Are leaders born or made?  It’s an old question.  In Mandela’s case, his leadership and his style was entirely created by him through his life experiences.  In fact, this is so much true, that in the story of his inner life by Edward Stengel, Mandela’s Way, over the period of his imprisonment,
he changed his character and personality.  How about that!  Many people don’t believe “personality” can be changed, and yet Mandela’s story is one of about that depth and quality of that kind of change.

Stengel says that the years he spent in prison “became a crucible that both hardened him and burned away all that was extraneous.”  Prison taught him the very qualities and traits that he later considered essential to leadership- self-control, discipline, and focus.  “It taught him how to be a full human being.” (p. 14).  Prior to all of that, young Nelson Mandela was “passionate, emotional, sensitive, quickly stung to bitterness and retaliation by insult and patronage.”  So said his law partner, Oliver Tambo, who later because the head of the ANC.

Yet, “The Nelson Mandela who emerged from prison is none of those things.” (p. 15).  The man who came out and that we all came to know was balanced, measured, and controlled.  How did that transformation take place?  Stengel writes that in prison as a prisoner: “The one thing you could control-that you had to control-was yourself. There was no room for outbursts or self-indulgence or lack of discipline.” 

Of course, not every prisoner then or now develops self-control from that experience.  Many become bitter, hateful, resentful, and still unable to control their reactions.  Not so Mandela, he learned.  He learned and changed and through his experience, matured.  “I came out mature” was his own self-description (p. 17).  He did that by taking the time that he had in prison- 
“… to think and plan and refine, and then refine some more.  For twenty-seven years, he pondered not only policy, but how to behave, how to be a leader, how to be a man.” (p. 16)

So while prison breaks many, Mandela used prison as a crucible to steel himself, develop himself, and to become mature.  In modeling Mandela as a leader -this gives us an inside look at what a great leader does.  A great leader never stops growing as a person.  And when tragedy occurs, a great leader uses it as a crucible.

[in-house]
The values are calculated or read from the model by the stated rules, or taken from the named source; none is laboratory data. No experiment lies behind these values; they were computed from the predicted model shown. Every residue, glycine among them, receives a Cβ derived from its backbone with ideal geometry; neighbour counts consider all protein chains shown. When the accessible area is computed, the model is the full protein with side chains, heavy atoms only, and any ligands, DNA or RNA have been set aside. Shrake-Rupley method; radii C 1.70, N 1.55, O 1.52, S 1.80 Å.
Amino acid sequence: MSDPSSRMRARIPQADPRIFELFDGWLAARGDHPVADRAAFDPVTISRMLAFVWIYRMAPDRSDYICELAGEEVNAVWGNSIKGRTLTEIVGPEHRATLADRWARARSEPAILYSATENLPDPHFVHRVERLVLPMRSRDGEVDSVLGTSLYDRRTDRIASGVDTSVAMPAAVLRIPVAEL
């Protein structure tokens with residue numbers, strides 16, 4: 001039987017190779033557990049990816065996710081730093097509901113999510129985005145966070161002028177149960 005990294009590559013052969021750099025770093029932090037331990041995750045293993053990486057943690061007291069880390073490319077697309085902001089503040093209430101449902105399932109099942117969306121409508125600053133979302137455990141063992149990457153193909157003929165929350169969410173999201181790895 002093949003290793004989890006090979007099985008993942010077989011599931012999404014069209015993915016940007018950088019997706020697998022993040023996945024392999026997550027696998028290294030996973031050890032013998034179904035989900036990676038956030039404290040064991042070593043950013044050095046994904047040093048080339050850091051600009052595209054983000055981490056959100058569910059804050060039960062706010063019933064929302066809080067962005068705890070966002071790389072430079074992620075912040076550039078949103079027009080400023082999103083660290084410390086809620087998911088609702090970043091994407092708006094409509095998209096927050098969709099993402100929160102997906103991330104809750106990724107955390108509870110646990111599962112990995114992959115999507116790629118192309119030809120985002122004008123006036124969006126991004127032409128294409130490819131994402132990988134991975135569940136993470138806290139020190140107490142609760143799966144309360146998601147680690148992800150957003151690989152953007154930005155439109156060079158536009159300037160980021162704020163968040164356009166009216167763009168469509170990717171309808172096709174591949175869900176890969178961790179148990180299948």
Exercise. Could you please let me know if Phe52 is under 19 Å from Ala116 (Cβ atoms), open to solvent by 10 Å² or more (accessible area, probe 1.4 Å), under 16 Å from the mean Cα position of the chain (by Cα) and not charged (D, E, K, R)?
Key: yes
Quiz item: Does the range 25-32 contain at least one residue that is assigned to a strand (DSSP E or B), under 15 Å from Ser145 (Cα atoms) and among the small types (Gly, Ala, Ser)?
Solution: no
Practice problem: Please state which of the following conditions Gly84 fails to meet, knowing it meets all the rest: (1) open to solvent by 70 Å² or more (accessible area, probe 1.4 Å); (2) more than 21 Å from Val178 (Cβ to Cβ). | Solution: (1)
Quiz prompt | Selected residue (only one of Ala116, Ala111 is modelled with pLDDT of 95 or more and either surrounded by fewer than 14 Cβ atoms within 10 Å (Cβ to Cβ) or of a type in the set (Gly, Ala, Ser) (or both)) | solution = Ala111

In the chapter Be Measured, Stengel describes many incidents of calm control in Mandela.  One story that demonstrated it was the murder of Mandela’s own rival for leadership in the ANC, Chris Hani.  This happened after his release and while he was preparing to run for president.  One day Hani was assassinated and that event could have very easily have tipped the nation into a civil war.  That evening, F.W. de Klerk, the state president was not the person who went on national television to calm the nation.  Mandela did that.  And in his speech he paced, paced, paced the thinking- feeling of the nation and then called he for calmness by putting forth his vision for the

“Tonight I am reaching out to every single South African, black and white, from the very depths of my being.  A white man, full of prejudice and hate, came to our country and committed a deed so foul that our whole nation now teeters on the brink of disaster.  A white woman, of Afrikaner origin, risked her life so that we may know, and bring to justice, this assassin. The cold-blooded murder of Chris Hani has sent shock waves throughout the country and the world.  Our grief and anger is tearing us apart.  What has happened is a national tragedy that has touched millions of people across the political and colour divide.”

He ended his speech with a call for a higher vision: “This is a watershed moment for all of us.  Our decisions and actions will determine whether we use our pain, our grief, and our outrage to move forward to what is the only lasting solution for our country- an elected government of the people, by the people, and for the people.” (p. 49) 

Stengel says that Mandela used the word discipline repeatedly in the speech and that “His measured response to this crisis was a large part of the reason that South Africa did not plunge into civil war.”  In my readings of biographies of great leaders the discipline of self-control shows up repeatedly and consistently.  And no wonder, if a leader cannot lead him or herself, how could the leader lead others?  Self-leadership comes first.  It has to.  And at the heart of self-leadership is the quality of discipline. Like other qualities of one’s person- this too can be developed and learned.

Generally we think of a person’s temperament and personality as a stable quality that we are born with, our “type” of personality that doesn’t change.  Of course, we do not view things this way in NLP and Neuro-Semantics (see The Structure of Personality: Personality Ordering and
Disordering 2001).  In Mandela’s case, he changed his very personality as he formed and tempered his temperament.  He qualified it through his experiences and so came out of prison a very different man.

What can we model from Mandela’s leadership?  What inner qualities did he demonstrate that would make for greater and higher leadership today? 

His continuous learning and developing.  He kept learning and adjusting and did not settle into a hard or rigid approach to things. He worked on himself.  He demonstrated what we call self-leadership in Neuro-Semantics and engaged in so much personal change that he changed his very personality.

He became highly reflective as he used the time he had to become more measured and disciplined so that he leadership was much more “on purpose” as a leader.

L. Michael Hall, Ph.D.